How to Overcome Resistance to Buy…Embrace It
Mark Frasco - President
Overcome – verb
- To defeat someone or something
- To get the better of
Antonym: to lose
We’ve been taught the wrong thing for decades now. Listen for buyer objections and be prepared to overcome those objections. Manuals have been written. Flow charts have been developed. Sales people have been drilled with techniques to overcome resistance to buy. Do buyers really have a natural resistance to sellers of products and services?
Let’s start with what is resistance to buy. Resistance to buy is nothing more than resistance to change. What buyers resist is change for the sake of change, as they should. I’ve always felt that resistance in buying systems is the most important discovery for a salesperson; an important building block that leads to acceptance.
Let’s make it easy. Acceptance to buy means the buyer is comfortable with, and in fact, wants or needs change. This is change from what they are currently doing, to something better. I believe deeply that this is actually what buyers accept: something better. If buyers consistently resist your offerings, what you’re offering is not better or not needed… right now.
From 2001, until her death in 2003, I had the honor of working with Kathleen Dannemiller. Kathie was a pioneer in the study of organizational change. With her partner, Chuck Tyson, Kathie was one of the first female consultants to work at the highest levels of Ford Motor Company. It was the 1970s. She was introducing a new way of thinking about organizational alignment and change. In fact, she refined a formula that revolutionized the way we think about work and the workings of organizations. This formula is equally useful in the endeavors of buyers and sellers. It helps describe resistance in human systems.
Here it is with a twist for those in the sales profession:
D x V x F > R
A model that describes conditions necessary to overcome resistance to buy
- D = Shared Dissatisfaction or concern about current state
- V = Shared Vision of a future state that is better
- F = First steps, committing to action in the direction of the vision
- R = Resistance to buy
As with any multiplication problem, if any value in the formula is zero, the product is zero; therefore, overcoming resistance to buy would be impossible. So, let’s break this down a bit. There are some important points that need to be understood by the selling professional.
First, let’s talk about the “shared” element of the first two factors, D and V. To accomplish meaningful, sustainable change, a broadly shared idea of the current state and a broadly shared idea of some future state that is better are needed. This means that the professional sales person needs to identify the various buying influences, gather their collective feelings about their current state, and help them build a shared idea of the future that is better with her product or service being installed. Without the “shared” elements understood and described, change in the buying system is impossible to accomplish.
Back in the day, we used teach our salespeople to look for the “pain” in the buying system. I prefer to think of the first element as some shared dissatisfaction about the current state in the buying organization. It could be that they are not getting the features they need, or their supplier is not servicing them as well as they should, or they are growing and their current capacity to serve their market is in jeopardy. The key is to find that shared dissatisfaction of their current state, helping them identify and describe it.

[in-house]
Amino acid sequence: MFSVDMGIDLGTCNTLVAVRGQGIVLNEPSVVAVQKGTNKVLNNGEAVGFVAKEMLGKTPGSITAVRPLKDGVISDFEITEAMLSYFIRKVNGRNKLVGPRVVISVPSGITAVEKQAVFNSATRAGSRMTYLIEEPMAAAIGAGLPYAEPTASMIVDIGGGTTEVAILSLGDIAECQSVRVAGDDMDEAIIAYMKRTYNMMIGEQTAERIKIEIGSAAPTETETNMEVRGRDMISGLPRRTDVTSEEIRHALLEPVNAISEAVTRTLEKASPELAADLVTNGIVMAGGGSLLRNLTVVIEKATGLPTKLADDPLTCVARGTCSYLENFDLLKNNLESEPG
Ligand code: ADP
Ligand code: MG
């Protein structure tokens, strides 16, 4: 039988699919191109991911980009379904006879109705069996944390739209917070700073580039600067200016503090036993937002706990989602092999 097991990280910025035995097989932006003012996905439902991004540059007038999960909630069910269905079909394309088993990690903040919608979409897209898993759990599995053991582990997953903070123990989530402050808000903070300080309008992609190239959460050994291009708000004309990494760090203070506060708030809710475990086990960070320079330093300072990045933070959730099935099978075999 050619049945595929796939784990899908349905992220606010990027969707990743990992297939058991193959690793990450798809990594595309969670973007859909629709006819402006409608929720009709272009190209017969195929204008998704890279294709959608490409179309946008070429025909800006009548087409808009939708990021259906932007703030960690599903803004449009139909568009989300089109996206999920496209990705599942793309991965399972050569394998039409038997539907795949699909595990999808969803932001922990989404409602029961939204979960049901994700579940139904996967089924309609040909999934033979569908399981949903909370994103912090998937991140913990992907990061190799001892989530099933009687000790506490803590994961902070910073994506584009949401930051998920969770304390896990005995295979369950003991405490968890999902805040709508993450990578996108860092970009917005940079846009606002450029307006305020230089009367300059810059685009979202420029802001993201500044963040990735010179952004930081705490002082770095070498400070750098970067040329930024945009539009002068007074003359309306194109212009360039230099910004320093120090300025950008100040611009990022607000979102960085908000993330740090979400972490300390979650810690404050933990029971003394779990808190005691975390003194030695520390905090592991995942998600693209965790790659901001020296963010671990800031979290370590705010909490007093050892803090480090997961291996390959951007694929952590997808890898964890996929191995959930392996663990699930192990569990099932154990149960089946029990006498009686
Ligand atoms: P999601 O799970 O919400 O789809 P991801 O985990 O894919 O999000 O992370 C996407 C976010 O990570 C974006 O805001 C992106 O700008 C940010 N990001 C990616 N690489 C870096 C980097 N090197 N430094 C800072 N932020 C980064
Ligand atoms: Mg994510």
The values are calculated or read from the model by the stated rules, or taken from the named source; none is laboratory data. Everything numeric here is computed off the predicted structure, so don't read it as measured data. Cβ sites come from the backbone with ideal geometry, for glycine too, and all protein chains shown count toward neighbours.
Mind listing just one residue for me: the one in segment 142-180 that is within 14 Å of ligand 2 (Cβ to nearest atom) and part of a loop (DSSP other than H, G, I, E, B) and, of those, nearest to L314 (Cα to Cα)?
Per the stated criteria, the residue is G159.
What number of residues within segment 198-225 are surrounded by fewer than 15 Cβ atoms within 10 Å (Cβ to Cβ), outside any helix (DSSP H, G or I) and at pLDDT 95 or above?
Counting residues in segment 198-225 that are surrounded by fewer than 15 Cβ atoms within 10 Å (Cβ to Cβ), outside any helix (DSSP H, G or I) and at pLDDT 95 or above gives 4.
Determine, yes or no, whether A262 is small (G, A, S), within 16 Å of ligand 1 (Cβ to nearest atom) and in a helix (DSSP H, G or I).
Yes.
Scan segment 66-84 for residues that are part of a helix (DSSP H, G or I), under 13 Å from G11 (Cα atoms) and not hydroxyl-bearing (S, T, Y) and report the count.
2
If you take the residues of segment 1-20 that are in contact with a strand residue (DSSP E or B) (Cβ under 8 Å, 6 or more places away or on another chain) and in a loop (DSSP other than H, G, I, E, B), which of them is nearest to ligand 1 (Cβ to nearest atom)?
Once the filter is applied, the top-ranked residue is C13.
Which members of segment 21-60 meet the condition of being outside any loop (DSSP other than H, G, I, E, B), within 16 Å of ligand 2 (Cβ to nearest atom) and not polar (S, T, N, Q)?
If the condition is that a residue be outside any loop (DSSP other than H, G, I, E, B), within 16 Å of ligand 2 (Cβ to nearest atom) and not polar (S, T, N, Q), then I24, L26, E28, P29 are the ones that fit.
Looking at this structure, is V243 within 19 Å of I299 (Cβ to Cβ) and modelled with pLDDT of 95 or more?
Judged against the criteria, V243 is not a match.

What about this shared vision? This isn’t easy stuff. Many inexperienced salespeople struggle with helping their prospects see a future that is better with their product or service installed. Many sales losses, many delays happen here. First, the salesperson must be competent. She needs to not only know how her product or service functions, but she needs to be able to help the buying system see the future with her company serving them. She needs to be able to communicate the dramatic difference her company will make on the buying system’s future, help them see the implications and payoff. Don’t forget, doing this with one person in the buying system is not sufficient. She must help the buying system develop a shared vision of the future with her product or service installed.
We now have our shared dissatisfaction and vision in place. We have a collective understanding of where we are and a better place we would like to go. Now, we must help the buying system understand the steps that are required to make the change. Selling systems need to have a highly refined process map outlining how they propose, engage and supply their services so that the buying system never feels unsure about the next step; that includes the most important first steps. It is important for the selling organization to have this in place to avoid being completely controlled by the buying system. Lacking a deliberate selling system, sales professionals often find themselves frustrated by buying systems that aren’t necessarily designed to feature the value add features of the selling system’s delivery system.
Overcoming resistance to buy isn’t the goal in my mind. Professional salespeople today are business leaders who understand human behavior and how to apply their products and services in a way that positively disrupts the buying systems’ mindset about the possibilities of working together.
Questions or comments? Please contact Mark Frasco at mfrasco@teamCOACT.com.